McGann once singled out for praise Crabbe's 'human, non-transcendent approach', and made his poetry sound altogether what every anti-romantic materialist would want - 'time- and place- specific', full of 'illustrative' stories, illuminating 'social, psychological, and historical' 'problems' and so forth - but no surge of interest in Crabbe followed, not even, as far as one can see, in McGann himself.
It is not just that the whole method happens to be better in attack; it is rather that it has no positive voice, and can have none: Nature, in the guise of 'History', has still not taken the poet's pen. This seems a simple-minded way of putting it, but, despite its often sophisticated general accounts of hermeneutic intricacy, 'History' is customarily introduced by historicist anti-romanticism in a much more bluntly positivist spirit. The desire to gain what Lentricchia calls 'direct access to history's gritty ground-level texture' Veeser, tips Leavis's poised distrust of the merely 'poetic' into a of creativity and its politics per se.
This seems an after-effect of one kind of Marxism; though not, one might add, a necessary effect. My point here is that this dream, like its 'romantic' opponent, recognisably exists within a Coleridgean inheritance, formed about a division between idealist and realist aesthetic orientations: If any praise is to be offered of the ideal counter-aesthetic, it inevitably sounds dutiful, as if making polite noises about the craftiness of an opponent: The brilliance can only be in the form of dazzling sophistication, like Satan's in Paradise Lost.
But if one cannot reasonably hope to encounter the perfectly realist text, then one might at least look forward to the historicist perfection of the texts we have. This perfection would explain what appears to be the text's self-sustaining, ideal Coleridgean existence as in fact the product of its determining historical occasion, revealing poetic inevitability to be actually the mystified form of contingency; the spuriously autonomous text would be forced, under historicist pressure, to come clean about its secret relationships with the external world.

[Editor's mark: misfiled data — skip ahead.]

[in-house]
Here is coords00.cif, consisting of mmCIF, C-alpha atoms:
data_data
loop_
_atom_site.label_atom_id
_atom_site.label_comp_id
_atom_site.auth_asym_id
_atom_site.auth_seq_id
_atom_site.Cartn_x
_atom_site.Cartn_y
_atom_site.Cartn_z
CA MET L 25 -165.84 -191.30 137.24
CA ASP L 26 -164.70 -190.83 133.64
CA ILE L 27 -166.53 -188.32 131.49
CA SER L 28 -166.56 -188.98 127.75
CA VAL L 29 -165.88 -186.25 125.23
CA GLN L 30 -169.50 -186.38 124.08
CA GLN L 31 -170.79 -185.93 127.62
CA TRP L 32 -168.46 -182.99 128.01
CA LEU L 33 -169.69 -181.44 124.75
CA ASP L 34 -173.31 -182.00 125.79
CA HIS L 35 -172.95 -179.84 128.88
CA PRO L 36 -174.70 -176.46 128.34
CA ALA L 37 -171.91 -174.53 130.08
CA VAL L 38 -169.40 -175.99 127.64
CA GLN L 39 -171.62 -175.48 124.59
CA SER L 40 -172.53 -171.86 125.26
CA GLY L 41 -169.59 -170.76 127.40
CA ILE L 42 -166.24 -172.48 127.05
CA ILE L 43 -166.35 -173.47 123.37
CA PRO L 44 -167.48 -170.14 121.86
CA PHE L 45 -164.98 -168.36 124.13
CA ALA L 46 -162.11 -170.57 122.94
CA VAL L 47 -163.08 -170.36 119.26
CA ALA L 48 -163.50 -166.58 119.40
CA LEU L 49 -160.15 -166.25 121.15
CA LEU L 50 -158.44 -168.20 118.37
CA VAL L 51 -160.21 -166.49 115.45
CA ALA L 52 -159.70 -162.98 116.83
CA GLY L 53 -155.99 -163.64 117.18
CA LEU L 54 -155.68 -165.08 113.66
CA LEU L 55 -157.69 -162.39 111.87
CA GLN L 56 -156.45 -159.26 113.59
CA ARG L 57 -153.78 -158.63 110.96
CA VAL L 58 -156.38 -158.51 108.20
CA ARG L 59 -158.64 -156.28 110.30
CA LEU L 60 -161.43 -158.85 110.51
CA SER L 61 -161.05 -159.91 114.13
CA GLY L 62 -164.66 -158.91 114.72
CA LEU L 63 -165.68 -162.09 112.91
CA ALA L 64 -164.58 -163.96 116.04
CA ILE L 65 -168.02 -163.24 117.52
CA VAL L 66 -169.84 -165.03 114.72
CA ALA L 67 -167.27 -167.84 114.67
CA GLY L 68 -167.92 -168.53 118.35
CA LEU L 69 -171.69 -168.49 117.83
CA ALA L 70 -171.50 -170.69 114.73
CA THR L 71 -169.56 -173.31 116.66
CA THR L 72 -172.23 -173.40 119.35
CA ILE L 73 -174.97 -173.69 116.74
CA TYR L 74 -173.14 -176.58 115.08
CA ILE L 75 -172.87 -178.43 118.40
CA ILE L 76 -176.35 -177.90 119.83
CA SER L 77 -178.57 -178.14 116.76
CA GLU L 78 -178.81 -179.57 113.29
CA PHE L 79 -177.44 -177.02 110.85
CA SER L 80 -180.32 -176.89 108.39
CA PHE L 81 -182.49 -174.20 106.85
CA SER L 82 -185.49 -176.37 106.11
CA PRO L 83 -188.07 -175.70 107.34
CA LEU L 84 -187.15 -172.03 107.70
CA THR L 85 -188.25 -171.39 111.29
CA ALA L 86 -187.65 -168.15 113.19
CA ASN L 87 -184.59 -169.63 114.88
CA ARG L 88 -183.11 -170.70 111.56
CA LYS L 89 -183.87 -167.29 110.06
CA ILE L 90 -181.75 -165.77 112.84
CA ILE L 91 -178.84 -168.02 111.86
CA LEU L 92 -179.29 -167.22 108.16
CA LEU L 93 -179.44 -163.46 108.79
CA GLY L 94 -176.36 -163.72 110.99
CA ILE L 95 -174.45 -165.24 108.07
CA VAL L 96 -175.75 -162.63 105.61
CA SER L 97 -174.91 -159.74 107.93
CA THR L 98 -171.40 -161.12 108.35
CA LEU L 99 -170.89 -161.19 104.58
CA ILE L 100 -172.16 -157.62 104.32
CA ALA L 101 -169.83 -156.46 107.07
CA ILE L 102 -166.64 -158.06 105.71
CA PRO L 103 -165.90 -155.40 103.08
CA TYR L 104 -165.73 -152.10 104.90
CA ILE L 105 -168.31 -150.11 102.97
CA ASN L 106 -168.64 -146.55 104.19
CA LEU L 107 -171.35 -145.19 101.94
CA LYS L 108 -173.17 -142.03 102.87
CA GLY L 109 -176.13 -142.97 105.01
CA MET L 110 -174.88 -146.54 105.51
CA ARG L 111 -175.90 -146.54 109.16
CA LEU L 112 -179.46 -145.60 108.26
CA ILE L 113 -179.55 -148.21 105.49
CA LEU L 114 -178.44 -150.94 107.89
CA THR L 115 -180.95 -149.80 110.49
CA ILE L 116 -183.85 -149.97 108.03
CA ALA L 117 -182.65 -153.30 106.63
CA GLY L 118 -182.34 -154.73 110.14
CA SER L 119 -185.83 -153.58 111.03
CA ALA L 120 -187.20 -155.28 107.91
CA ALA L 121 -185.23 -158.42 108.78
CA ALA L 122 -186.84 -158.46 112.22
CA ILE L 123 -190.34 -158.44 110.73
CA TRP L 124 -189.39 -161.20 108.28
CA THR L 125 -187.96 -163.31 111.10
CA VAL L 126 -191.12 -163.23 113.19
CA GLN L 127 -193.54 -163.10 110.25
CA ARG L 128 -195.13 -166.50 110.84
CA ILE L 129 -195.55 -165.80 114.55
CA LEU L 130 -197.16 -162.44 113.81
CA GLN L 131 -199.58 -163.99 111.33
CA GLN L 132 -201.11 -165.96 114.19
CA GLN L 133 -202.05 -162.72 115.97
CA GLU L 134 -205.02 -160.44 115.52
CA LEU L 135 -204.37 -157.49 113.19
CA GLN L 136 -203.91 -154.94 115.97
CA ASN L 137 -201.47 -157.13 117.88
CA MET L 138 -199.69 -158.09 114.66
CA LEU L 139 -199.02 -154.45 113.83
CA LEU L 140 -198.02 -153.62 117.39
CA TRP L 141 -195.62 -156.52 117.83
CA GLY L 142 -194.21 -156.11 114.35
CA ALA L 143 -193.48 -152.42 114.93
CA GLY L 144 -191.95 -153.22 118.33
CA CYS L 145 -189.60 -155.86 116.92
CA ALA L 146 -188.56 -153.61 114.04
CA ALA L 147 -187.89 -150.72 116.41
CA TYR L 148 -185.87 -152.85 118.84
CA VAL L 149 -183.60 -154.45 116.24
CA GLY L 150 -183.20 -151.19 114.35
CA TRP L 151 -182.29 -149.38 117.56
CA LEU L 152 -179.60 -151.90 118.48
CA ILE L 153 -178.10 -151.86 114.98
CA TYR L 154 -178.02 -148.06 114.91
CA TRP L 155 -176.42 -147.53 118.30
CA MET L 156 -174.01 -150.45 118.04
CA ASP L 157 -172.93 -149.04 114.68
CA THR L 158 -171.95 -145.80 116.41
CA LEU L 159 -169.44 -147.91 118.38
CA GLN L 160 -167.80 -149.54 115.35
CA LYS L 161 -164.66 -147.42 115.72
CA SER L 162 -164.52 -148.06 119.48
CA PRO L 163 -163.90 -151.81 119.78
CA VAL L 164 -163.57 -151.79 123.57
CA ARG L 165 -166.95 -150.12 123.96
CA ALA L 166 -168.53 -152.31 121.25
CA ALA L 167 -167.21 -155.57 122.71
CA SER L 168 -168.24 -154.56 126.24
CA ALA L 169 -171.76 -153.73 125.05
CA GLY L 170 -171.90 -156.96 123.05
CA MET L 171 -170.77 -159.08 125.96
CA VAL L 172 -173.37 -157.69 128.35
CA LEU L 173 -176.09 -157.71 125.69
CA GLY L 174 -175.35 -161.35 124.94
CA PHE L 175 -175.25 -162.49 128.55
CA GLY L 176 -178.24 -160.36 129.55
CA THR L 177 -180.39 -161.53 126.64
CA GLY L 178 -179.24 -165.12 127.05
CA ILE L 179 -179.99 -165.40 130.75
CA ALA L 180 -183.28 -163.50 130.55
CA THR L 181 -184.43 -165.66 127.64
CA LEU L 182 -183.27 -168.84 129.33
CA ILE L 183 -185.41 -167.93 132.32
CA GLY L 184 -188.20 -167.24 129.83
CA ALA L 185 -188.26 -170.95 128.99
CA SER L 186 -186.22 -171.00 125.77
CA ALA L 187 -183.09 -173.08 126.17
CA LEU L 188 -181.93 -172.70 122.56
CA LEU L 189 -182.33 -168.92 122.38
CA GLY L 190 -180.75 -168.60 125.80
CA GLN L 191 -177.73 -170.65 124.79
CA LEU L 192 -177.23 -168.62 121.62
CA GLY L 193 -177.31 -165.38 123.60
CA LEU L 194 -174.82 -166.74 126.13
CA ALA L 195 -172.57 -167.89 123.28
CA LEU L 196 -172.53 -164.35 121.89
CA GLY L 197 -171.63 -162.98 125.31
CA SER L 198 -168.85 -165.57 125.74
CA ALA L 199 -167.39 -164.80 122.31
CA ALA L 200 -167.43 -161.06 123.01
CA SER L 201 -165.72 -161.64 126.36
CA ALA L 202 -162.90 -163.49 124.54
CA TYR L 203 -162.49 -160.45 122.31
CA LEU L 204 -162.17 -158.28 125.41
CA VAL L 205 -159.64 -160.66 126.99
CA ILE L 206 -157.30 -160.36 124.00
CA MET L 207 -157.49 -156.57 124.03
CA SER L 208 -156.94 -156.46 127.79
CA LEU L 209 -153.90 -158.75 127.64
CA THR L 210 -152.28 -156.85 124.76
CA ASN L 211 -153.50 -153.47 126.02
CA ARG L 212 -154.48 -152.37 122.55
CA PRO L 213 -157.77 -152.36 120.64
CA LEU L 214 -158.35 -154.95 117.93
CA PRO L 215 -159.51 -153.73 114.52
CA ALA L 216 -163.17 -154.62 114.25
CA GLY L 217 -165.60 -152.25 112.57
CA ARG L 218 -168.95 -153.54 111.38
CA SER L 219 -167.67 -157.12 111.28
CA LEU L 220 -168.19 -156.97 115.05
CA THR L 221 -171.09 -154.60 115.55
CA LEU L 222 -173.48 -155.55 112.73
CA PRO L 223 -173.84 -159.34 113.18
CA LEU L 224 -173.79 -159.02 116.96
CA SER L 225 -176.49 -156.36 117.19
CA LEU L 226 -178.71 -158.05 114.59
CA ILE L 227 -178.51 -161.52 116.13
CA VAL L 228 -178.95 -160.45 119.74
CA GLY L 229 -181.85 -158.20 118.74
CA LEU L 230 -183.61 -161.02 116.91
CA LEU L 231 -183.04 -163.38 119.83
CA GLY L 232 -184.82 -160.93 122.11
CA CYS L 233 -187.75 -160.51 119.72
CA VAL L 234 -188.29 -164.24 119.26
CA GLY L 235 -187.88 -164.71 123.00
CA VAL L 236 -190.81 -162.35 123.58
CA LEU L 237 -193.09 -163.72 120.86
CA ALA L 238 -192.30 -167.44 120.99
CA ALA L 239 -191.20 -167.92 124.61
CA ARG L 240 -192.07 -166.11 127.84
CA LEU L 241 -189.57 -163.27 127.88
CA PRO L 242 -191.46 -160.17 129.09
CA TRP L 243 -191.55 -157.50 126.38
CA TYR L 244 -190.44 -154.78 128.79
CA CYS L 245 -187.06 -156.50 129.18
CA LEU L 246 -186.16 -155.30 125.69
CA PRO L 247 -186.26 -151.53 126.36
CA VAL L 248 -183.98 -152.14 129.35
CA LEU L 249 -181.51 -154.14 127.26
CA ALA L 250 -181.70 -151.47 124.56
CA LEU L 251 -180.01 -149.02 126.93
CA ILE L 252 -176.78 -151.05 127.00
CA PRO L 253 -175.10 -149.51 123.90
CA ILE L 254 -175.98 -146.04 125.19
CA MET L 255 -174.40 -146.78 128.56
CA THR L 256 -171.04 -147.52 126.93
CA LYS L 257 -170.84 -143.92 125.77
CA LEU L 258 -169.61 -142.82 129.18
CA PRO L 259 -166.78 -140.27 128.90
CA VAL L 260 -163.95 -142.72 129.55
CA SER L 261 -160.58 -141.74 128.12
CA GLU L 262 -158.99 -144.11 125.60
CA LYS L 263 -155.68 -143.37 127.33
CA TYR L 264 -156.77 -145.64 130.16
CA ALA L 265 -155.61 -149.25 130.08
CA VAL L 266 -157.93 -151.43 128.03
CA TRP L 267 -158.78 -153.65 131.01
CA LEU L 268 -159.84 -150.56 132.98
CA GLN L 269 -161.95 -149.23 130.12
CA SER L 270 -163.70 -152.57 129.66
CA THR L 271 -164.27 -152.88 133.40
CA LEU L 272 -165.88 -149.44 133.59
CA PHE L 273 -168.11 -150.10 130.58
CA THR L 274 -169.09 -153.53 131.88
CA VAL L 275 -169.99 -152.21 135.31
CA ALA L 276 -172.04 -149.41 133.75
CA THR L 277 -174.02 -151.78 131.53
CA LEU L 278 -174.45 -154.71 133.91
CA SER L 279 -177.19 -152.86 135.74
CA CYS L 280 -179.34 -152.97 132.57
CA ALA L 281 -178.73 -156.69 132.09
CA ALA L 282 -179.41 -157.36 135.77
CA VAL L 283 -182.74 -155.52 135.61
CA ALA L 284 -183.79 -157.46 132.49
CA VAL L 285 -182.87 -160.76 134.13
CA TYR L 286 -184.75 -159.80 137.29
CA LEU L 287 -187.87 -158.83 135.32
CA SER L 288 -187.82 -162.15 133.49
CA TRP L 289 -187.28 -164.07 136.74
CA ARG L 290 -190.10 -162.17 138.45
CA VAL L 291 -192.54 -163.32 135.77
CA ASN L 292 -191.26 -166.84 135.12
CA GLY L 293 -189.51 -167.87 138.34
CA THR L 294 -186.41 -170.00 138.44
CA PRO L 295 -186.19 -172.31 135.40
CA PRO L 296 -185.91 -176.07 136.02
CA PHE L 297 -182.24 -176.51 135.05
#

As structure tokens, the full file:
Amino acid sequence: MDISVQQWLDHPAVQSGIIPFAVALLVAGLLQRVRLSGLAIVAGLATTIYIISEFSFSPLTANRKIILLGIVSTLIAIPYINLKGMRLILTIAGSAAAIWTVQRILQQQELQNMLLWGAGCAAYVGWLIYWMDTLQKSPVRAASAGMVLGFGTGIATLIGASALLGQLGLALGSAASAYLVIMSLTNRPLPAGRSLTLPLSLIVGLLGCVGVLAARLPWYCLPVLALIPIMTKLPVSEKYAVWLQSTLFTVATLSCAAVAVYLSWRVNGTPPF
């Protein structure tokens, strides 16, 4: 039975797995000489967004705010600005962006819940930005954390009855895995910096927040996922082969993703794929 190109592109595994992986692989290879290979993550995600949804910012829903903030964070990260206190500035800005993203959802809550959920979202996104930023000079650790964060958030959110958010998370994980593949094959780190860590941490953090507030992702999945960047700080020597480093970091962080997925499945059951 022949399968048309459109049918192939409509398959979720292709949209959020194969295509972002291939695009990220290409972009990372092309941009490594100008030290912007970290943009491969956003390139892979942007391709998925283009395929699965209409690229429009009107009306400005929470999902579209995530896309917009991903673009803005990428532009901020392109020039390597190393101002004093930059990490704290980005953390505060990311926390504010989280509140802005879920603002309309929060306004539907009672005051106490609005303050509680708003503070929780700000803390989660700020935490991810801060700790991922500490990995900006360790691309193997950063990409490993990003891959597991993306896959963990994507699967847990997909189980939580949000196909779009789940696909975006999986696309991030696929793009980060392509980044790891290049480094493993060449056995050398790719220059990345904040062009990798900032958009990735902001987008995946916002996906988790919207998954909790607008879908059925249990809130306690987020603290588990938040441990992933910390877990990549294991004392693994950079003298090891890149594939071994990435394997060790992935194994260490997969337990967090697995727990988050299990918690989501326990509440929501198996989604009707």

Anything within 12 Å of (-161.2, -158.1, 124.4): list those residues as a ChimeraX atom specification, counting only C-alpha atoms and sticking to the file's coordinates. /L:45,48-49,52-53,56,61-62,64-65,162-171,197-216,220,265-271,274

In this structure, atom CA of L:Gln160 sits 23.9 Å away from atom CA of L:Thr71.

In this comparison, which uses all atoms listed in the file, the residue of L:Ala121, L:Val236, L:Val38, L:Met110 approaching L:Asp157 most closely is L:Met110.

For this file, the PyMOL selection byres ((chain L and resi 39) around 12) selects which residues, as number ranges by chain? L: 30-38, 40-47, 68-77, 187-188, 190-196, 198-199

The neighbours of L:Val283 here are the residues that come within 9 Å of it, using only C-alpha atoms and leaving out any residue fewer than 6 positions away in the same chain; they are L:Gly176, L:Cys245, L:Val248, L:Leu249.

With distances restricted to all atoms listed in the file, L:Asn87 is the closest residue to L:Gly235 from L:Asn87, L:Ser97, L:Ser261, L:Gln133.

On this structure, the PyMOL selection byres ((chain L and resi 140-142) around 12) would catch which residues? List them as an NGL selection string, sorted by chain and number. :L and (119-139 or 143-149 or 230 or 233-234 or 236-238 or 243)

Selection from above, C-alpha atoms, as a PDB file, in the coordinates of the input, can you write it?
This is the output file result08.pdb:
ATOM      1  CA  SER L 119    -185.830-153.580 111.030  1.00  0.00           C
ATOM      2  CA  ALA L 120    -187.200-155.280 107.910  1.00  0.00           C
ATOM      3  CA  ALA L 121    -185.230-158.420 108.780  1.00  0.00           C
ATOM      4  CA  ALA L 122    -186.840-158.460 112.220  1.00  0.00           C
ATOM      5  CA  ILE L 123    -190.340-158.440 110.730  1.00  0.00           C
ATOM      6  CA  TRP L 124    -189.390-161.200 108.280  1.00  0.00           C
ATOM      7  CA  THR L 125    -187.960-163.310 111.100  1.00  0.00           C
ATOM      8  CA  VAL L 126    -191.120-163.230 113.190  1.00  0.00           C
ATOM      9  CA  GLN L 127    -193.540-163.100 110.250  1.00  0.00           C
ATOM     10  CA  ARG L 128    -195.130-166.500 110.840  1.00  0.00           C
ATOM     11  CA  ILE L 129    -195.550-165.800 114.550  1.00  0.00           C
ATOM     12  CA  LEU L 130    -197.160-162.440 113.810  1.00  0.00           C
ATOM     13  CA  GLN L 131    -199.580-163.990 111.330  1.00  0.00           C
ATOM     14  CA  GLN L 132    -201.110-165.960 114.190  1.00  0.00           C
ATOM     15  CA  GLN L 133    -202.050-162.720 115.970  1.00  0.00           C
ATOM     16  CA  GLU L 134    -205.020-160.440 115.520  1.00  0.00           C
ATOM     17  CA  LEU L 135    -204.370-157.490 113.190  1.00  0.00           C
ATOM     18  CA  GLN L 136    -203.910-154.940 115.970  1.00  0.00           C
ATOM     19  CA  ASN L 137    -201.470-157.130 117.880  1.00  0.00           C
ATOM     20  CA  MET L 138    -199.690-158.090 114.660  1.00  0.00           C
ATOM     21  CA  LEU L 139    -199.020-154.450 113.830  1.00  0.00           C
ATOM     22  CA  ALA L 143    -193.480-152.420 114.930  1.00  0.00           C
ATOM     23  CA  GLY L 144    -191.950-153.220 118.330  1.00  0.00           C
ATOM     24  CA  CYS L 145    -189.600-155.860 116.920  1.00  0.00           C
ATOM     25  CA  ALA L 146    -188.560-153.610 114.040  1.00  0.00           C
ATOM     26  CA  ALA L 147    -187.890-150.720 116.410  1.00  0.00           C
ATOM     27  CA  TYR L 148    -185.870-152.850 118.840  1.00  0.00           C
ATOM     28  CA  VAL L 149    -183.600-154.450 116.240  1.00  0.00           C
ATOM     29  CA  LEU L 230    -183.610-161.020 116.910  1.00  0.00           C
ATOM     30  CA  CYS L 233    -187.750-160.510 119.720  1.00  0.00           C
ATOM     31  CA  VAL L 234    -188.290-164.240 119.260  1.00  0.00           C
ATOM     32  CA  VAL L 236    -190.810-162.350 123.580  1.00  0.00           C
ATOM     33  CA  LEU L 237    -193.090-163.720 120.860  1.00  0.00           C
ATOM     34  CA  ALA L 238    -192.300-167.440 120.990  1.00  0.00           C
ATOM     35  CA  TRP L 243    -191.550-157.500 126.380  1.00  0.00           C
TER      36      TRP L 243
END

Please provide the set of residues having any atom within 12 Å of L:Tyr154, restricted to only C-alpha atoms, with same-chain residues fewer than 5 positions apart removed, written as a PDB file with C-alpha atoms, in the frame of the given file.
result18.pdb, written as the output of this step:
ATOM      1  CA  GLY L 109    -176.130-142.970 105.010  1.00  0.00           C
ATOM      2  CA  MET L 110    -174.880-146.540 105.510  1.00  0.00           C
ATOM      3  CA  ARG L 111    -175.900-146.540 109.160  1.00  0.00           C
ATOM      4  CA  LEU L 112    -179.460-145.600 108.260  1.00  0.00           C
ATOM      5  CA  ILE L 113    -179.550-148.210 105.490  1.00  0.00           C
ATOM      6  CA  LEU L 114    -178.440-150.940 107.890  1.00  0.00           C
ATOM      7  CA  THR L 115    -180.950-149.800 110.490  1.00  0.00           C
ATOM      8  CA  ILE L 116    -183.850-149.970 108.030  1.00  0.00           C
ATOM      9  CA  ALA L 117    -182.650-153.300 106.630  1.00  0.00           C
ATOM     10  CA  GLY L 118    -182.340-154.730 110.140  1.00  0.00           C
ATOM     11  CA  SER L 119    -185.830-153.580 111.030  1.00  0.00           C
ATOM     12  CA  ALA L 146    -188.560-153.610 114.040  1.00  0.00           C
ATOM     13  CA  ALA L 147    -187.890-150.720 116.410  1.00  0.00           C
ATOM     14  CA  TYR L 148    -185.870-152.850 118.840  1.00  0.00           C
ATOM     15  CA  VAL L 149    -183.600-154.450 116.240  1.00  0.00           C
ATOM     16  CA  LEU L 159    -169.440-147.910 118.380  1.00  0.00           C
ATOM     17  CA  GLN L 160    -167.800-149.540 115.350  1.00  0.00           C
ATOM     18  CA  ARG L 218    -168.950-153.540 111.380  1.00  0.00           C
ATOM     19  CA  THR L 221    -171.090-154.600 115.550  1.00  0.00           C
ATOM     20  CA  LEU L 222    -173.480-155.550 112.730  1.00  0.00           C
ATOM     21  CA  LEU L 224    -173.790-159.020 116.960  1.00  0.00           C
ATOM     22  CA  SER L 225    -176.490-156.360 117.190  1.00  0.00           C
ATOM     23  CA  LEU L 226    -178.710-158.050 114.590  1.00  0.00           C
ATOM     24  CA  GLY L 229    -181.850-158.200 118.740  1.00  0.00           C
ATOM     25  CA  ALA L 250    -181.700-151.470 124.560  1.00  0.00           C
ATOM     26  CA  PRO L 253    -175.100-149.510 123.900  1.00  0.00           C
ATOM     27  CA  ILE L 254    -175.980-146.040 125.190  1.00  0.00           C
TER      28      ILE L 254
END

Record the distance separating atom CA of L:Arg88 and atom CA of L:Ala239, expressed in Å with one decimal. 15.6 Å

The critic has now assumed the adversarial task of, as Levinson puts it, 'locat[ing] the body': For 'History' features in romantic poetry only by its pretended absence, by tell-tale bumps of the body in the would-be 'literary', 'idealist' text: The Sense of History repeats this turn over and over again: The rhetoric of a restoration to the concrete is recognisably a version of Coleridge's return to the authentically substantial and natural: The very mode of existence of a literary work has by now become a species of false consciousness, for it comes into being in the first place only as a kind of misperception of its historical occasion, seeking to be, like Coleridge's Quixote, 'an unlimited monarch over the creations of [its] fancy' Lectures2: But once the actual historical implication of the work is revealed, the work, as a work of art 'poetry as poetry'disappears into the seamless continuity of the History which in fact provoked it: By retrospective critical intervention, 'History' reclaims the pen and writes or implies the poem that would have been written had the odd superfluity of consciousness not interfered.